If the two childhood scenes of urinating are otherwise closely connected with the desire for greatness, their rehabilitation on the trip to the Aussee was further favoured by the accidental circumstance that my compartment had no water-closet, and that I had to expect embarrassment on the ride as actually happened in the morning. I awoke with the sensation of a bodily need. I suppose one might be inclined to credit these sensations with being the actual stimulus of the dream; I should, however, prefer a different conception—namely, that it was the dream thoughts which gave rise to the desire to urinate. It is quite unusual for me to be disturbed in sleep by any need, at least at the time of this awakening, a quarter of four in the morning. I may forestall further objection by remarking that I have hardly ever felt a desire to urinate after awakening early on other journeys made under more comfortable circumstances. Moreover, I can leave this point undecided without hurting my argument.
Since I have learned, further, from experience in dream analysis that there always remain important trains of thought proceeding from dreams whose interpretation at first seems complete (because the sources of the dream and the actuation of the wish are easily demonstrable), trains of thought reaching back into earliest childhood, I have been forced to ask myself whether this feature does not constitute an essential condition of dreaming. If I were to generalise this thesis, a connection with what has been recently experienced would form a part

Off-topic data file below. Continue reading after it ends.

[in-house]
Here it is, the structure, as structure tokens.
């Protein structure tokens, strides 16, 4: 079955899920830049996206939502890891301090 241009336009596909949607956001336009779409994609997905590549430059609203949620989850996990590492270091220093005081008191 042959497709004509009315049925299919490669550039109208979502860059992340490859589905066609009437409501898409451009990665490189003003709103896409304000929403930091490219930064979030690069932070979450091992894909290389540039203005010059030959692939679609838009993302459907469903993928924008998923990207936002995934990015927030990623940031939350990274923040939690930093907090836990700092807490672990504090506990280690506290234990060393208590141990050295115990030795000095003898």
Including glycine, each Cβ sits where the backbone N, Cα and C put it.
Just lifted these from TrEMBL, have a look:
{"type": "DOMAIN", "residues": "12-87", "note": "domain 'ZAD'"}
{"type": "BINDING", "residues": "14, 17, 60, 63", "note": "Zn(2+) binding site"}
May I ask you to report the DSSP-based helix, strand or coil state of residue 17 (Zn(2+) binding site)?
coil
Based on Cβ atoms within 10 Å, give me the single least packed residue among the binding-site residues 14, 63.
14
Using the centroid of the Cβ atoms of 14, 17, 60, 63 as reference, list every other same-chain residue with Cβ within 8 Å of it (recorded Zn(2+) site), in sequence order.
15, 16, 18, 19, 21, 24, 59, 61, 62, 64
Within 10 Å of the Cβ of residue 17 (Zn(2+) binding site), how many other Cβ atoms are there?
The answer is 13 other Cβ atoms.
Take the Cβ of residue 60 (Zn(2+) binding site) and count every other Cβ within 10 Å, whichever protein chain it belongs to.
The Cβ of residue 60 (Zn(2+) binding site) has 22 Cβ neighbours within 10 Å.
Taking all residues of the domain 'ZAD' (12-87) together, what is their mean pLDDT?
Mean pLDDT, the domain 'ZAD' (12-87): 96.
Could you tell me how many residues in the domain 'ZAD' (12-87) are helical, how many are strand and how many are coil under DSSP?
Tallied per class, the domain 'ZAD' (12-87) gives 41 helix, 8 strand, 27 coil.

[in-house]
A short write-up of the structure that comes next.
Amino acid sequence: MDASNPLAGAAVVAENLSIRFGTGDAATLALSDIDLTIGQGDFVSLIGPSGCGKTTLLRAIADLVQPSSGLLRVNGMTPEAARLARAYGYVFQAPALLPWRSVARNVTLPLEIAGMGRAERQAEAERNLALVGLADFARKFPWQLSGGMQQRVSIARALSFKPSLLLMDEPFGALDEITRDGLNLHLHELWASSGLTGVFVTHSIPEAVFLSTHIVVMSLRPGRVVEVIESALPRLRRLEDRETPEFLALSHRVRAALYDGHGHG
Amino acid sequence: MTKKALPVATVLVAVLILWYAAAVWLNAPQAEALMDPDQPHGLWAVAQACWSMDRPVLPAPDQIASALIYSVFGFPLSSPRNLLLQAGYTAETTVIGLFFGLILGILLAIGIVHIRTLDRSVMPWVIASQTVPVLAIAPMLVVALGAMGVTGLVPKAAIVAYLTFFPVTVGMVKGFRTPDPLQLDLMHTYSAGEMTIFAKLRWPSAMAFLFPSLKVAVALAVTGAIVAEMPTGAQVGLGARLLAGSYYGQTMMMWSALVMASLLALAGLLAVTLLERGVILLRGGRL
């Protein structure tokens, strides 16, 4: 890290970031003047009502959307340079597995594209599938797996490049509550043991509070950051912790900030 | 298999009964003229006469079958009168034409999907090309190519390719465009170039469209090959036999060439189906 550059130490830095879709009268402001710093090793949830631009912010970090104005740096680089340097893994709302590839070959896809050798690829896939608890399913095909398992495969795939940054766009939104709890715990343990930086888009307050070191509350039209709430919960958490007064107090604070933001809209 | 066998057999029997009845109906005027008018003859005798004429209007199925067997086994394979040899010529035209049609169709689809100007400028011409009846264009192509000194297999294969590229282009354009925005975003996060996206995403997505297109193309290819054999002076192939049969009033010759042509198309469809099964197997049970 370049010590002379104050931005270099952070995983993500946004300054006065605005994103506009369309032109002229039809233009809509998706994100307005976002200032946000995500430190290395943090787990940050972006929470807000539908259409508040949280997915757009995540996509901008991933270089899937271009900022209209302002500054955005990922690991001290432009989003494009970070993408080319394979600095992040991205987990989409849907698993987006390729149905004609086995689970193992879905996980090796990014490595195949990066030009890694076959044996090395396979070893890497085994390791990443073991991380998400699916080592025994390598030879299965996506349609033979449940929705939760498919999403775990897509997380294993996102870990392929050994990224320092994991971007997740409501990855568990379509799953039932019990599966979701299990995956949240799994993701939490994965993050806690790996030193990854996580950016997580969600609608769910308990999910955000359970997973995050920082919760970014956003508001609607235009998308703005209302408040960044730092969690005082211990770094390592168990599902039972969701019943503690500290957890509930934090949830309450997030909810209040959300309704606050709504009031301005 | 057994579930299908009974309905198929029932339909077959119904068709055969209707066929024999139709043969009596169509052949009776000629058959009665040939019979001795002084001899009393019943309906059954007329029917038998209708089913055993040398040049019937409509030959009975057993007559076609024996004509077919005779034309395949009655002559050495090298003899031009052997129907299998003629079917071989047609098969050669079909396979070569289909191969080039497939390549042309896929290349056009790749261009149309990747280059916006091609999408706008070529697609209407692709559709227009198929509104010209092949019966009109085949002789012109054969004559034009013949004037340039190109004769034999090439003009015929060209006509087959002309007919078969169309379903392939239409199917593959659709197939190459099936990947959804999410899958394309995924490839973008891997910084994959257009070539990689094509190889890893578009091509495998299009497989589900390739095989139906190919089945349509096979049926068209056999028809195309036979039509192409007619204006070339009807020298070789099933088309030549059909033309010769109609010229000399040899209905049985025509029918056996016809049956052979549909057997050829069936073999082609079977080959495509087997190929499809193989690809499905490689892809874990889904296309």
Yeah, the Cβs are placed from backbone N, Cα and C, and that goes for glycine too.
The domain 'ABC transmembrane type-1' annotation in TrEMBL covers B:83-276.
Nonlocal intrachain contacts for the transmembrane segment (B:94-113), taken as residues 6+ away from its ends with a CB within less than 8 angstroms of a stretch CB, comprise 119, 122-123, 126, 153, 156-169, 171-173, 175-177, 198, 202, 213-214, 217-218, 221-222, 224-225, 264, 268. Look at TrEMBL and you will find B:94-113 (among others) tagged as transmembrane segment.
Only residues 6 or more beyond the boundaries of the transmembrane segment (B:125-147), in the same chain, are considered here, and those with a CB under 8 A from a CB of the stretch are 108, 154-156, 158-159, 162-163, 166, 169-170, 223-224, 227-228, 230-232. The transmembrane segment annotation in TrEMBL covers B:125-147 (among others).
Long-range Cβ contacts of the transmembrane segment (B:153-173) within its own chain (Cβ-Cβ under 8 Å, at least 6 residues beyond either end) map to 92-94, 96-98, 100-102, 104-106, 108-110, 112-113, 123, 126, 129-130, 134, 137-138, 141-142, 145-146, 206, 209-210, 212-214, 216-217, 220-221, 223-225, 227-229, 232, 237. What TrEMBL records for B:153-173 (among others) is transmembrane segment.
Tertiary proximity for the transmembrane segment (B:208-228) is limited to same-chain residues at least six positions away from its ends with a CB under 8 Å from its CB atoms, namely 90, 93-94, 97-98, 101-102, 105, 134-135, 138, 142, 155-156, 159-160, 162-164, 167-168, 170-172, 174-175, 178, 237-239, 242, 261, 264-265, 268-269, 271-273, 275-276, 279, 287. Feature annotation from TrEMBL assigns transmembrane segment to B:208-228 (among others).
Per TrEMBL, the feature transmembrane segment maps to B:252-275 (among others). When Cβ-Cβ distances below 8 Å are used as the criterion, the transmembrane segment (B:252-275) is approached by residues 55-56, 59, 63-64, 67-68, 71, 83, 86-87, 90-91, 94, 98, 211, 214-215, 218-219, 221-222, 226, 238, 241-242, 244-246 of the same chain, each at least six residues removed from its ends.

course of the history of human civilisation (in so far as the "mother's right" does not force a qualification of this thesis). The idea in the dream, "thinking and experiencing are the same thing," refers to the explanation of hysterical symptoms, to which the male urinal (glass) also has a relation. I need not explain the principle of the "Gschnas" to a Viennese; it consists in constructing objects of rare and costly appearance out of trifles, and preferably out of comical and worthless material—for example, making suits of armour out of cooking utensils, sticks and "salzstangeln (elongated rolls), as our artists like to do at their jolly parties. I had now learned that hysterical subjects do the same thing; besides what has actually occurred to them, they unconsciously conceive horrible or extravagant fantastic images, which they construct from the most harmless and commonplace things they have experienced. The symptoms depend solely upon these phantasies, not upon the memory of their real experiences, be they serious or harmless. This explanation helped me to overcome many difficulties and gave me much pleasure. I was able to allude to it in the dream element "male urinal" (glass) because I had been told that at the last "Gschnas" evening a poison chalice of Lucretia Borgia had been exhibited, the chief constituent of which had consisted of a glass urinal for men, such as is used in hospitals.